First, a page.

Instead, I'm taking a different approach. Here are two reactions to the debate, both from the conservative standpoint. One is highly favorable to McCain, the other is not. While it is too early to tell how the debate affected the race, the differing opinions from the same side of the fence is at least interesting.
First up is John at Powerline, who thought it was a draw, at best.
As the evening went on McCain warmed up a bit, but he was still mostly in "bad McCain" mode. More than most politicians of his stature, McCain's performance in such events is variable. Sometimes he is very effective--focused, clear, persuasive. Other times he seems distracted; he speaks in shorthand and can come across as almost incoherent. Often, tonight, he was in that lower range of performance.So that is one take. For a completely different reaction, we have Roger Simon at Politico.
Obama, meanwhile, was at his best. Generally he is below average when forced to speak extemporaneously, without a teleprompter. But tonight I thought he came across as plausible. He stammered much less than usual and didn't commit any obvious blunders. The bar probably wasn't set very high for him, and I think he got over it. Most viewers probably thought that he seemed a plausible President.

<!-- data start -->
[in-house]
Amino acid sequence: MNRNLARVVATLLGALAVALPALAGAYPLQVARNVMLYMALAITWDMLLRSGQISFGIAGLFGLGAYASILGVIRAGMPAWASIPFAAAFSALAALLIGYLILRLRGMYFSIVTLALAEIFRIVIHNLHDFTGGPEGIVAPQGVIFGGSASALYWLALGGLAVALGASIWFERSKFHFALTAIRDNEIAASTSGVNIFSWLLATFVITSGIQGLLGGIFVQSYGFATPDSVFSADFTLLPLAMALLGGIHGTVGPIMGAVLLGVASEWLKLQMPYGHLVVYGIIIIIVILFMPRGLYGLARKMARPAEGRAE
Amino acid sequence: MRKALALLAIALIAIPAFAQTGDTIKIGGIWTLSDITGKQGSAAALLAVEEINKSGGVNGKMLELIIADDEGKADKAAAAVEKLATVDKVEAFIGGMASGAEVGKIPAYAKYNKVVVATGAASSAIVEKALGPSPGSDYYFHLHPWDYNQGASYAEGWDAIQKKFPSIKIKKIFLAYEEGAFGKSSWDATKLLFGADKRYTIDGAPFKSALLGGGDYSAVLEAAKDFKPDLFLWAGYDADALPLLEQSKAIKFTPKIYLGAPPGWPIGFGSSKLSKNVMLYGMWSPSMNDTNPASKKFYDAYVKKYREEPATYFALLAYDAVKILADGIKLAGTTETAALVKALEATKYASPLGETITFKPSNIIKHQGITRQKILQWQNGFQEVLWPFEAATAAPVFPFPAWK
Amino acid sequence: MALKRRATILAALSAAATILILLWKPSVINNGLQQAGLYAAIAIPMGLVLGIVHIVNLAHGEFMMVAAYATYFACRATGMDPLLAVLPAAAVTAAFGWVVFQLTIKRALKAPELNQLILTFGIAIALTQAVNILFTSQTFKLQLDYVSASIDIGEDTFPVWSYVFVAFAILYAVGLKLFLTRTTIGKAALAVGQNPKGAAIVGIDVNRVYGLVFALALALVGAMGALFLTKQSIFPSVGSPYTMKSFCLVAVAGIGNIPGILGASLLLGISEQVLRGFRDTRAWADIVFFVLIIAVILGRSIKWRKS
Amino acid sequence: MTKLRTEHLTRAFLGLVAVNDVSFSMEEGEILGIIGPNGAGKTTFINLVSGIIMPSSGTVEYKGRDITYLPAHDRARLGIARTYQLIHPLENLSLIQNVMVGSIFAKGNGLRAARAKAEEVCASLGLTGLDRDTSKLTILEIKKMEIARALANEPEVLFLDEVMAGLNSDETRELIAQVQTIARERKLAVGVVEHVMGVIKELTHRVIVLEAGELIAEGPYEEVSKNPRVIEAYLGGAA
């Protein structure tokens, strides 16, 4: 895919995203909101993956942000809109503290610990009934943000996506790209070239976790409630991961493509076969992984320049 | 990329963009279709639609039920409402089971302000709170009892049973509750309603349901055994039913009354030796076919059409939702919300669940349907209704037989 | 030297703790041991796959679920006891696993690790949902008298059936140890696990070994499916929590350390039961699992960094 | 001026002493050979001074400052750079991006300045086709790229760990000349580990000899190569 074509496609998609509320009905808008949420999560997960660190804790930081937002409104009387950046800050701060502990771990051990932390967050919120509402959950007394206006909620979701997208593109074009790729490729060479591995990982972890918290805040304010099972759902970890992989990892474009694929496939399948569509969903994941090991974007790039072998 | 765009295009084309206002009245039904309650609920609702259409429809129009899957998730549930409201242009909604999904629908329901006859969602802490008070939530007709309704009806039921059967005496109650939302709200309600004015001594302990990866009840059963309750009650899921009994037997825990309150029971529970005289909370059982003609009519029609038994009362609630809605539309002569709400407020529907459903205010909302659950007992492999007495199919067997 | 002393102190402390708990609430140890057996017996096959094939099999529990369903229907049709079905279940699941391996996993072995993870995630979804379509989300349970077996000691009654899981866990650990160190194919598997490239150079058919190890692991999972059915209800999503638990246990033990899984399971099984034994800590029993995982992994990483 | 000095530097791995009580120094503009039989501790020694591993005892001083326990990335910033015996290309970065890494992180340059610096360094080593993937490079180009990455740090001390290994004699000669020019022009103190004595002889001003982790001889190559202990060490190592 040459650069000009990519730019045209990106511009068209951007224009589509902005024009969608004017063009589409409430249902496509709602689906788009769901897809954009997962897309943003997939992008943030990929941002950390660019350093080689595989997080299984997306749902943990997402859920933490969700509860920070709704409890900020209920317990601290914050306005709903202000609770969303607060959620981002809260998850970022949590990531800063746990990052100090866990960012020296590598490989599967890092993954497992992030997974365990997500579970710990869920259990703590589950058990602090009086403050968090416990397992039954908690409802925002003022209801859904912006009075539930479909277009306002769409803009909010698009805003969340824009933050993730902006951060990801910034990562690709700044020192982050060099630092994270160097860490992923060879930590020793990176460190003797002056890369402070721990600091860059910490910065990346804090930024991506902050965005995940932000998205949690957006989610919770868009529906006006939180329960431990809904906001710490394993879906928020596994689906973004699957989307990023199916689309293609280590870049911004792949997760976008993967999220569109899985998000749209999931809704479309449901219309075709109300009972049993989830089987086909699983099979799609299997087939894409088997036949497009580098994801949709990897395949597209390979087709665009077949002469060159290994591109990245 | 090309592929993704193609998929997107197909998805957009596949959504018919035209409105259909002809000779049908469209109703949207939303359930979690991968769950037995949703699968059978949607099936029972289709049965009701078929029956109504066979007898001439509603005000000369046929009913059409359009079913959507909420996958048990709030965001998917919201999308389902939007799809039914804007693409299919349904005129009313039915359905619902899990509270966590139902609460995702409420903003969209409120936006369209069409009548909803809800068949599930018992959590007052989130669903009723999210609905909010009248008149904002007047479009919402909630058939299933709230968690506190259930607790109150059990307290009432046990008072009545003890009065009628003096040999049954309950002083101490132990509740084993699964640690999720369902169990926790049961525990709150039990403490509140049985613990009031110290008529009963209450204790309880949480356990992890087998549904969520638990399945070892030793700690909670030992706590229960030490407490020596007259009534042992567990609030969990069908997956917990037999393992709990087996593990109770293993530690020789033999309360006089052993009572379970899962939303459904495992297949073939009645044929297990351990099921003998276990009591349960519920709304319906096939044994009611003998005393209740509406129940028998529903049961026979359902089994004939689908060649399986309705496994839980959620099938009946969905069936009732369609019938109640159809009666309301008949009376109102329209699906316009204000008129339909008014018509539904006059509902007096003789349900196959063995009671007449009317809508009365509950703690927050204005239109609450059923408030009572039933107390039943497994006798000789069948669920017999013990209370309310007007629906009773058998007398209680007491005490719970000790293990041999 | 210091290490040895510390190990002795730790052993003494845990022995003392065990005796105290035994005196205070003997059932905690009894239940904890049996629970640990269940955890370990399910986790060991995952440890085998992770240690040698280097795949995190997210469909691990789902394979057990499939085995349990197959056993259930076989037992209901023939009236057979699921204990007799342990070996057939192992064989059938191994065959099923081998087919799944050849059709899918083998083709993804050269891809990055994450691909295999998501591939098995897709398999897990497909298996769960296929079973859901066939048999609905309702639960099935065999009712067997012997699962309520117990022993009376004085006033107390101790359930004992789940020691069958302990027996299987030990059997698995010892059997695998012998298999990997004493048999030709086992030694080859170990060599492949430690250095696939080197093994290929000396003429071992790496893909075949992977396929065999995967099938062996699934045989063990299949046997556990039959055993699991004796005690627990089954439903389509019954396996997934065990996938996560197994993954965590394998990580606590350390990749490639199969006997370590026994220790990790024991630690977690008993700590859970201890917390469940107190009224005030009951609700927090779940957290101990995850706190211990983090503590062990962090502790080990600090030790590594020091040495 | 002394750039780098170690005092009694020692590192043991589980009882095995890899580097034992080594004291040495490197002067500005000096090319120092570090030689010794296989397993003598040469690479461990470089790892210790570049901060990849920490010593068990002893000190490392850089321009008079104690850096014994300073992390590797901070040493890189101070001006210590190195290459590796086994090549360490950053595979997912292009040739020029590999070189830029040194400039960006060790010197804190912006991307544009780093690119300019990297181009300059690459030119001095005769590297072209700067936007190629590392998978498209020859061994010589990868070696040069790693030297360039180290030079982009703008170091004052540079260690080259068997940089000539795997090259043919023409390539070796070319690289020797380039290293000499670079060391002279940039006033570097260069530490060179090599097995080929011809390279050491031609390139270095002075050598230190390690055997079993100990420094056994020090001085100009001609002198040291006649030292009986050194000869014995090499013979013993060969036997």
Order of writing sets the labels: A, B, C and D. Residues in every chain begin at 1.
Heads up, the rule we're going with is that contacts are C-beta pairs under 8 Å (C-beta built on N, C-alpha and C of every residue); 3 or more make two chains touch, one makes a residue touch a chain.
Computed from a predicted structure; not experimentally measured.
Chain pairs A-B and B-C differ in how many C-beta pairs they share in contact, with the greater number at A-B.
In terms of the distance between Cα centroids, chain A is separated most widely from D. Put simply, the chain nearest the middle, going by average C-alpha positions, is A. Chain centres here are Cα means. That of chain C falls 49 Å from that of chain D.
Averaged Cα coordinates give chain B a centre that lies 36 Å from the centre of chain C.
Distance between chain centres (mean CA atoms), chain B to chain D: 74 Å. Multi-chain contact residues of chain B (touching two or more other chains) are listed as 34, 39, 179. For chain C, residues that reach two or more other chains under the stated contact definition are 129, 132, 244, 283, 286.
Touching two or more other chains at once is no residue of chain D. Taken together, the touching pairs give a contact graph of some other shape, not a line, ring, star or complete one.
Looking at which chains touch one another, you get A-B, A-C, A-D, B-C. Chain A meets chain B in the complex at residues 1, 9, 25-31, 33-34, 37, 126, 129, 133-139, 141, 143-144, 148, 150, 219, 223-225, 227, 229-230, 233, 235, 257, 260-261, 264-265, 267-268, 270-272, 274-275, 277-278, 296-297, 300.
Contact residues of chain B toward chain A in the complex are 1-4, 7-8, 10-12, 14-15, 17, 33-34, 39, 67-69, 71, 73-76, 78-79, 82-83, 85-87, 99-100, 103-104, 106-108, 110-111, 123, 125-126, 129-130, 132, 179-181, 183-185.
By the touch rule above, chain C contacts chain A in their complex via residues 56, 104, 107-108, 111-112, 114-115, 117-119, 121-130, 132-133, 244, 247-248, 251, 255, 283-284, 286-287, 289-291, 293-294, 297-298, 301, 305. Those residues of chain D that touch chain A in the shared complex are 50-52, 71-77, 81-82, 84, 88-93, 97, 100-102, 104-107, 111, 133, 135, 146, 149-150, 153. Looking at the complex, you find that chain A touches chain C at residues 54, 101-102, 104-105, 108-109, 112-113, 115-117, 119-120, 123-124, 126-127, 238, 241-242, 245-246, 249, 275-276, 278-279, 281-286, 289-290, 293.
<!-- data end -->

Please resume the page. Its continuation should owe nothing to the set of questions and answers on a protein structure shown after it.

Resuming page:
John McCain was very lucky that he decided to show up for the first presidential debate in Oxford, Miss., Friday night. Because he gave one of his strongest debate performances ever.I do think it is noteworthy that, in truth, I exaggerated a little at the beginning of this post. Most people on the left are not claiming Obama won. They are claiming that it was a tie and that a tie was "good enough" for Obama because he has a commanding lead. I think to accept that view requires one to buy into biased poll results a little too much. If it is indeed competitive in Pennsylvania, Wisconsin, and Michigan, then Obama does not have a commanding lead.
While Barack Obama repeatedly tried to link McCain to the very unpopular George W. Bush, Bush’s name will not be on the ballot in November and McCain’s will.
And McCain not only found a central theme but hit on it repeatedly. Obama is inexperienced, naïve, and just doesn’t understand things, McCain said.